Fish-eating birds continue to take a significant toll on juvenile salmon and steelhead near the confluence of the Snake and Columbia rivers, and in the Columbia River estuary, and the impacts are disturbing and surprising, two research scientists reported to the Council this month.
Dan Roby of Oregon State University and Allen Evans of RealTime Research of Bend, Oregon, reported that 11 years of research, 2008-19, suggests that more upper Columbia steelhead smolts, including those from the Snake River, were consumed by fish-eating birds – avian predators, they are called -- than died from all other mortality sources combined over that time, including hydropower dams. Additionally, while the number of fish-eating birds in the Columbia River estuary has been significantly reduced in some areas since 1997, when a regional effort began to curb their impact on migrating juvenile salmon and steelhead smolts, the population still is larger than fish managers would like.
And there is a new problem: an increasing number of birds in the estuary have abandoned a sand island created for their nesting in favor of nesting on the support structures of the Astoria-Megler bridge.
Dr. Dan Roby was the chief researcher in the effort to reduce the number of fish-eating Caspian terns and double-crested cormorants in the estuary and also upriver near the mouth of the Snake and middle Columbia. He said that when the program began, “we focused on quantifying impacts, and one thing we learned was that terns and cormorants nesting on one island, Rice, killed up to 25 million smolts annually. This equates to 19 percent of the migrating smolts.”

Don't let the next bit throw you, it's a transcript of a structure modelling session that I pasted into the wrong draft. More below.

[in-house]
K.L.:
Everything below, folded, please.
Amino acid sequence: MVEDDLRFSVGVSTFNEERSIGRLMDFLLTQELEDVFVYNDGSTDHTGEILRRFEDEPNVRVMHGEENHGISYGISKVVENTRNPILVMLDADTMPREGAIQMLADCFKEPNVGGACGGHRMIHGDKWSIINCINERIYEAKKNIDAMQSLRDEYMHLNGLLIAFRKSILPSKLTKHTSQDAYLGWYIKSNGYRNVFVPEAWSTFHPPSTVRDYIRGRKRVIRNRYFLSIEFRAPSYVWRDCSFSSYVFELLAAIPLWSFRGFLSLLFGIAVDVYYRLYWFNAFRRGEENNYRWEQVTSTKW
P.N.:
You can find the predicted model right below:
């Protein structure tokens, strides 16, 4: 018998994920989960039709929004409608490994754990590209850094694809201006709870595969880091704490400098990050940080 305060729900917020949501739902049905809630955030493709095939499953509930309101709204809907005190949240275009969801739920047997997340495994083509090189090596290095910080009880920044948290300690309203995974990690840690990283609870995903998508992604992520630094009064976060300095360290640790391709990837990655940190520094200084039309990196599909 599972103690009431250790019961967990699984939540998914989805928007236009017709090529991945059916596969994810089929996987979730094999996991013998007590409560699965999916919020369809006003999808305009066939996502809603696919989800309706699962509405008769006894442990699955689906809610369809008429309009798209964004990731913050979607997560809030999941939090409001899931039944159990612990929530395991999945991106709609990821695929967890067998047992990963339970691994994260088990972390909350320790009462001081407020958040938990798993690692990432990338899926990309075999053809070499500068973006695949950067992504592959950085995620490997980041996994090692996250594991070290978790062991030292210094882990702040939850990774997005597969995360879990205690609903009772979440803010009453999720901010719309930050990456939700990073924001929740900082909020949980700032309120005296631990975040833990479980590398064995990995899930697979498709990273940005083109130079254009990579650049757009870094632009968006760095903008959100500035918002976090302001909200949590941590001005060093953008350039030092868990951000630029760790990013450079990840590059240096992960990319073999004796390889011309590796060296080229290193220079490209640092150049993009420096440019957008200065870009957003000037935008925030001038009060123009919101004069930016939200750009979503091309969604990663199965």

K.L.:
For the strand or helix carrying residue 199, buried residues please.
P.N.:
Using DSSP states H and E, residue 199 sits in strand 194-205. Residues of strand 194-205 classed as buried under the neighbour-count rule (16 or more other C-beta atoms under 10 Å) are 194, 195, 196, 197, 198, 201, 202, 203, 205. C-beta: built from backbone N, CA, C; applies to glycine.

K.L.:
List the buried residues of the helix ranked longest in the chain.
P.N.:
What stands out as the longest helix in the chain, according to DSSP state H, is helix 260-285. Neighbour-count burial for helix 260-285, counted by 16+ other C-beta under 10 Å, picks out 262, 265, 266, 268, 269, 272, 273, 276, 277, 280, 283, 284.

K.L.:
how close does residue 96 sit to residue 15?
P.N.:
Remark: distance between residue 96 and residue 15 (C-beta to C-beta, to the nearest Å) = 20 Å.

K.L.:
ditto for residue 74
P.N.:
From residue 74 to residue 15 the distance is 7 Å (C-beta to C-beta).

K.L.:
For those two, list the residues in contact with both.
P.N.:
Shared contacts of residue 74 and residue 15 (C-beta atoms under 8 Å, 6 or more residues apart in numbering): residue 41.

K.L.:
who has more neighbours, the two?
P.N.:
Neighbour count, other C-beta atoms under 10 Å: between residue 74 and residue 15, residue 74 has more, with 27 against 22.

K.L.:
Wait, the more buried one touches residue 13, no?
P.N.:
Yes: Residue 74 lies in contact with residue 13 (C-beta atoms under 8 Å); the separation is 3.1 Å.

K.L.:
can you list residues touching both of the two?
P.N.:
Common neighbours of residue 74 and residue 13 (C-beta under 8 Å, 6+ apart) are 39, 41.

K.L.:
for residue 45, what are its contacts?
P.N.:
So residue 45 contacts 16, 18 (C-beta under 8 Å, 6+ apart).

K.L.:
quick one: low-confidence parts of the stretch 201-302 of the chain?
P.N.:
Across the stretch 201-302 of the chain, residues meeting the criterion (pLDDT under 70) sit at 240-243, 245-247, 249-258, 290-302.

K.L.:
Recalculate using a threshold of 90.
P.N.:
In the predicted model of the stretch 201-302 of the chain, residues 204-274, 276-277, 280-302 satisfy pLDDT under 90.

Roby said researchers “discovered to our surprise that avian predation is a major source of smolt mortality.” They also noticed that the spring and early summer migration of most juvenile salmon and steelhead in the Columbia coincided with the birds’ nesting season. So, parent birds were always searching for food for themselves and their chicks. By discouraging the birds from nesting on Rice Island upstream of Astoria and building new nesting habitat on East Sand Island closer to the mouth of the river, where the mix of juvenile fish has fewer salmon and more forage fish, and also by building alternative nesting sites elsewhere in Oregon and in California, the research project was able to reduce the number of nesting birds and also their consumption of salmon and steelhead. This reduced the population of terns in the Columbia River estuary from around 10,000 breeding pairs in 2008 to 3,800 breeding pairs today, and greatly reduced predation. Over that time, dissuading terns from nesting along the Columbia was difficult because drought made the alternative nesting sites unattractive to the birds. NOAA Fisheries, the federal agency that implements the Endangered Species Act for salmon and steelhead, would like the population to be no larger than 3,125 nesting pairs.